You want the cabinetry in your home to last a lifetime. This means the decision of style and material should not be made in haste. When it comes to wood options, there are many great choices, but we’ve narrowed it down to these seven stand-out options. Let’s check them out:
Oak – Oak is probably the most popular wood option for cabinetry, and rightfully so. It’s cost effective, easy to find, durable, and looks great painted or in a variety of stains. You can choose between red oaks, which vary from a red-brown tone to wheat shades, or white oaks, which are generally a little more grayish than white.
Pine – Pine is an economical choice and is one of the easiest hardwoods to get your hands on. It adds a lovely rustic look to a space and ages nicely. It can nick fairly easily, so that’s important to consider when choosing pine for your cabinets. It also resists moisture well and won’t swell in humid environments, making them especially useful in bathrooms.
Maple – Maple is a gorgeous option and comes with a bit higher price tag. It shows paint beautifully and holds stain well. It’s a common option due to its durability and versatility. It is also widely available and shows a white/off-white tone with a straight, even textures.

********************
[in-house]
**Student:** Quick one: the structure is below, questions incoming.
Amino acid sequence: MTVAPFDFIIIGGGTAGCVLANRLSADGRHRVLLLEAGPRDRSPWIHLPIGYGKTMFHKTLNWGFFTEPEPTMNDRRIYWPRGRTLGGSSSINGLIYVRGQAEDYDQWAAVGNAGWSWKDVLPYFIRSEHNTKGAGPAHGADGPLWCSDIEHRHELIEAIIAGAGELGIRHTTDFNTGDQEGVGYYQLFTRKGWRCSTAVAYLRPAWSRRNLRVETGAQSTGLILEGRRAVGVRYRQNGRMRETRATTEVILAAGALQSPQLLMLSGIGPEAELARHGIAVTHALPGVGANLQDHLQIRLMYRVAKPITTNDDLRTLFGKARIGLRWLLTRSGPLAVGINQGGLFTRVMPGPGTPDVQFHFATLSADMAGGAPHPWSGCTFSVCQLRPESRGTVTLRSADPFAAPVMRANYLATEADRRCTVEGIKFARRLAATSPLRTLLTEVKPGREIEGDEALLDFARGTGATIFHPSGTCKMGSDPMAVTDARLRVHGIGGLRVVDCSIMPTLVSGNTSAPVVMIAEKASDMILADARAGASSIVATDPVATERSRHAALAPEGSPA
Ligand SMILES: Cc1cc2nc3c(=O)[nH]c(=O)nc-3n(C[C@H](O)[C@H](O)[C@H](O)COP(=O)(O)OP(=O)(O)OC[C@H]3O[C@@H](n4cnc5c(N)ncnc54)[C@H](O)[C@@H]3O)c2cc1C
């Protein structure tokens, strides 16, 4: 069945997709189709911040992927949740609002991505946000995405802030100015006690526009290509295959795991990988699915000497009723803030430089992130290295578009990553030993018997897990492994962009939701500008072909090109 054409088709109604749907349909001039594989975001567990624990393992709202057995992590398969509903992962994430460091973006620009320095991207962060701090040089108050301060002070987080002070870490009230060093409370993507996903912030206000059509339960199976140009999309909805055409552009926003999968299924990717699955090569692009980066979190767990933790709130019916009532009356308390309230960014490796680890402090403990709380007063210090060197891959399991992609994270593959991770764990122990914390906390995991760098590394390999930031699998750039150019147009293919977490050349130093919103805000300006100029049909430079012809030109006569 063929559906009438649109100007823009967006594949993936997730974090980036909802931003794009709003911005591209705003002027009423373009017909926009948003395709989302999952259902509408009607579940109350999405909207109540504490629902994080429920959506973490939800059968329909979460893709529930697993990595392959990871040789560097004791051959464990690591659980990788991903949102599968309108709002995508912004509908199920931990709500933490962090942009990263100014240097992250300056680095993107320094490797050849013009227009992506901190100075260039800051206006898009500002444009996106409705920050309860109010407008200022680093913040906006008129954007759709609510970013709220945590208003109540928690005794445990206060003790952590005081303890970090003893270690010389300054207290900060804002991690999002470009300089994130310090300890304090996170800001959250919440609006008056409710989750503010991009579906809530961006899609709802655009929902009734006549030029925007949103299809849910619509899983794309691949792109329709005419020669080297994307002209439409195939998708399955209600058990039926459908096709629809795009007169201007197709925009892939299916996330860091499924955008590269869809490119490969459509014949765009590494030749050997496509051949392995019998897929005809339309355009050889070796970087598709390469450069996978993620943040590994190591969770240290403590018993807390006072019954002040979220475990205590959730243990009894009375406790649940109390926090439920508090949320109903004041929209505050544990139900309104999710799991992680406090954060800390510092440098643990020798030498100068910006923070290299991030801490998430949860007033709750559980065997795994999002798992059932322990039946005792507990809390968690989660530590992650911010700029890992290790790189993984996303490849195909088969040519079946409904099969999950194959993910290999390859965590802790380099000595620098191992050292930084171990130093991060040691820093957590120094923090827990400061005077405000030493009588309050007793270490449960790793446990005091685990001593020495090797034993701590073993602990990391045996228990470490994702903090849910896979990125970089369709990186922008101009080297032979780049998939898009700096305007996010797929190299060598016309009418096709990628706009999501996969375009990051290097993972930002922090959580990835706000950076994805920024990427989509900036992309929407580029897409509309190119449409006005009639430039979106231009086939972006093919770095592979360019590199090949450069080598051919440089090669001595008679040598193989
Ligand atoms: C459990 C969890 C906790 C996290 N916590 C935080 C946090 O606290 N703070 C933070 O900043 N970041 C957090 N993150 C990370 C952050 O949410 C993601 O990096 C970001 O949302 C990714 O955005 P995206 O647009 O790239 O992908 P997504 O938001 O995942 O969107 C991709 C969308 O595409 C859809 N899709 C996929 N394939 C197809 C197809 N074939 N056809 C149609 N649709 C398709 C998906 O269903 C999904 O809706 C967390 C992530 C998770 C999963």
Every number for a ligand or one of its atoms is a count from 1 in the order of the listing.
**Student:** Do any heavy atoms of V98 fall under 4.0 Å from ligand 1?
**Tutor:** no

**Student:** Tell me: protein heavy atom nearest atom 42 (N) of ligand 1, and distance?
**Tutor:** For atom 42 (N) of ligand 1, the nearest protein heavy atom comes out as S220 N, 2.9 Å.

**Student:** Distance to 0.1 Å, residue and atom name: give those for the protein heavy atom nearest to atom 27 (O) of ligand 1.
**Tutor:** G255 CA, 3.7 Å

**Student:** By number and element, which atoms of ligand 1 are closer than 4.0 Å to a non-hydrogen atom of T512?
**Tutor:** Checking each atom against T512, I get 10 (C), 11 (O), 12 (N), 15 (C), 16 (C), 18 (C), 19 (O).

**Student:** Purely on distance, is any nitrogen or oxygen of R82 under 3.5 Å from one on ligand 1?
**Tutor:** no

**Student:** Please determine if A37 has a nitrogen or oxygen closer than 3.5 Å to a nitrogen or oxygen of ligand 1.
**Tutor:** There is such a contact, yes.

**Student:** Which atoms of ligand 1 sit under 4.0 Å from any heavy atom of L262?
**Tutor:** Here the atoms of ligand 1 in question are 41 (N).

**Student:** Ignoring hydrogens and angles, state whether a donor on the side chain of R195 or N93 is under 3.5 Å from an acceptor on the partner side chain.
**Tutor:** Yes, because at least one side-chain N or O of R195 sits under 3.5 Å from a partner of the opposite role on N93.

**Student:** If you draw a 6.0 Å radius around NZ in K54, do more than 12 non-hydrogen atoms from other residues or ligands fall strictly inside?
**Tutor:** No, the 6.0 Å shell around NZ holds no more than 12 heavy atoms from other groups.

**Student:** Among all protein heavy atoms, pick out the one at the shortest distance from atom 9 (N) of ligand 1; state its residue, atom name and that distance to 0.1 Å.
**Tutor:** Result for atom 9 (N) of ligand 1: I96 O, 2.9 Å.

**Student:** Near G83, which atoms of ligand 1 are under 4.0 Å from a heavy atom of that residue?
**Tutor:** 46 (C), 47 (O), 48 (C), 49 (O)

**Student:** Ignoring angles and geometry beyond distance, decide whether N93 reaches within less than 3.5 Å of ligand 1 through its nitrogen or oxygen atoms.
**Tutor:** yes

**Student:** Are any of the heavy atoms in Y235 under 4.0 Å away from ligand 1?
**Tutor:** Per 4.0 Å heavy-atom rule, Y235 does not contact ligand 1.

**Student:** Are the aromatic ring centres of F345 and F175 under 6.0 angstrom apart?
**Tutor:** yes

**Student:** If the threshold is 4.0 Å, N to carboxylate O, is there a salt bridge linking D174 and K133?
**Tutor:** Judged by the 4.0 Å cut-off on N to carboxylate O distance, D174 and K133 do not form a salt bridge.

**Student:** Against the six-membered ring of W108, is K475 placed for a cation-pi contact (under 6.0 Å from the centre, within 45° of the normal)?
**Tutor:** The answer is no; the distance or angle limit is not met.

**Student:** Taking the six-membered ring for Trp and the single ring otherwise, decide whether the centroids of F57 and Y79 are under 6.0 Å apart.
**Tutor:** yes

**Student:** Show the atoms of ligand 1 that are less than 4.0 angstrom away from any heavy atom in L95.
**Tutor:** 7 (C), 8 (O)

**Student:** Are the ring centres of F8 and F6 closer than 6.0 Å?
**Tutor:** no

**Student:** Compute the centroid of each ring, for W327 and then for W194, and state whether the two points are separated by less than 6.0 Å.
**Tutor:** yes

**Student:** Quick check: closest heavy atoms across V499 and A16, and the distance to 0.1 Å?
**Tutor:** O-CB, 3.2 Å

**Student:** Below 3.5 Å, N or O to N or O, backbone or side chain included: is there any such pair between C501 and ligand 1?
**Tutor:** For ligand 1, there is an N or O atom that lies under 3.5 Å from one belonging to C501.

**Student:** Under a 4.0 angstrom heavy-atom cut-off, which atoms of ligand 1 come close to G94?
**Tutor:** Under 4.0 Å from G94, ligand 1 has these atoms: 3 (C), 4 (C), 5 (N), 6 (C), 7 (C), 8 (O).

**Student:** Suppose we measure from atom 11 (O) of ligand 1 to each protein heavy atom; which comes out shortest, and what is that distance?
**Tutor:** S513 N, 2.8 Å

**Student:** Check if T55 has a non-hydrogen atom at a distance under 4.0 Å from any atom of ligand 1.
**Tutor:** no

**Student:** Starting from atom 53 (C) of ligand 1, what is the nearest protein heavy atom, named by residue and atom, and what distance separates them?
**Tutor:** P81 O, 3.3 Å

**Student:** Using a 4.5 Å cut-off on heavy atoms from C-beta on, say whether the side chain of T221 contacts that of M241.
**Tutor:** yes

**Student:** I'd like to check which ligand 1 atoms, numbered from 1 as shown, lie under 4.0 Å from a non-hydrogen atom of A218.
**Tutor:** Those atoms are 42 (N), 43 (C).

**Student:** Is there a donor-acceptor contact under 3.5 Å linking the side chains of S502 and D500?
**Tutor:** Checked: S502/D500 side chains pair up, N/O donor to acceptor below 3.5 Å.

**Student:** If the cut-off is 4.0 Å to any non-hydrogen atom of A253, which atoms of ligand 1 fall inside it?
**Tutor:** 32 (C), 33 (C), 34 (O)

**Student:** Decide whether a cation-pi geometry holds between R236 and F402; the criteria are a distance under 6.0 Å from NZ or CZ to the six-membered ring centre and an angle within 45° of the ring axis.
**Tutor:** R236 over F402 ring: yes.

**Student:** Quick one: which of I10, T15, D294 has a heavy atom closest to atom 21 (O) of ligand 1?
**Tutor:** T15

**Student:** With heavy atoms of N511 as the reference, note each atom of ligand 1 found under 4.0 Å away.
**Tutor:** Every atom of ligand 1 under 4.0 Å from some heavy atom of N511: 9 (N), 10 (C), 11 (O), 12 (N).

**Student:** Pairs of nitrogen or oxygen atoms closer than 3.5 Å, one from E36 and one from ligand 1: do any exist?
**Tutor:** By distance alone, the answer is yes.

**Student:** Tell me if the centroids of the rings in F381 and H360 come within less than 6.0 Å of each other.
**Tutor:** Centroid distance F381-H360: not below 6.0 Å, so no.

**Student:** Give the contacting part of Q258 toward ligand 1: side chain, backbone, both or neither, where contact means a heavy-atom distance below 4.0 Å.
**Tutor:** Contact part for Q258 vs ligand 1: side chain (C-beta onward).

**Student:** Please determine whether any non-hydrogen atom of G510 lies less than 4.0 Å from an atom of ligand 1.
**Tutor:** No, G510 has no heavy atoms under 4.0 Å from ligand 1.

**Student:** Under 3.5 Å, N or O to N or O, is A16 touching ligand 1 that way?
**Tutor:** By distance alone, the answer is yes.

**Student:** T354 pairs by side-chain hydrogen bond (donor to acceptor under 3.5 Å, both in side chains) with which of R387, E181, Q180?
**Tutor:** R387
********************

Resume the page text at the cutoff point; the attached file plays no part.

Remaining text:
Cherry – Cherry is a more expensive option because it’s highly durable and is easy to work with. A unique trait of cherry is that it gets darker the more sun it gets, giving it an artistic and rich feel. Many opt for cherry because of the richness of the darker wood that is difficult to achieve with stains on other, less expensive woods.
Hickory – Hickory is the most durable of all these options, resisting nicks, cracks, and possible moisture damage. There is a wide selection of colors from light to dark, which makes it a popular choice due to its versatility as well. It also consists of a strong grain texture, providing an appealing visual treat.
Alder – Alder is a little softer than oak or maple, but it’s still considered a hardwood. It’s more common in western states because it grows primarily in the Pacific Northwest. It is easy to work with but requires extra care when staining to ensure an even finish. This is because of Alder’s natural “knottiness.” It provides a smooth and uniform look, but it isn’t quite as durable as these other options.
Paint Grade – If you’re certain that you are going to paint your cabinets, you can opt for a MDF panel with a poplar wood frame. Poplar for frames is common with painted cabinets because it holds paint extremely well and it’s an affordable option. The MDF panels ensure an extra smooth finish.
The type of wood you choose for any project in your home from kitchen cabinets to bookcases or hutches will be a major factor in the longevity of the project. Spending a little more money up front on quality hardwood will ensure the project withstands the test of time.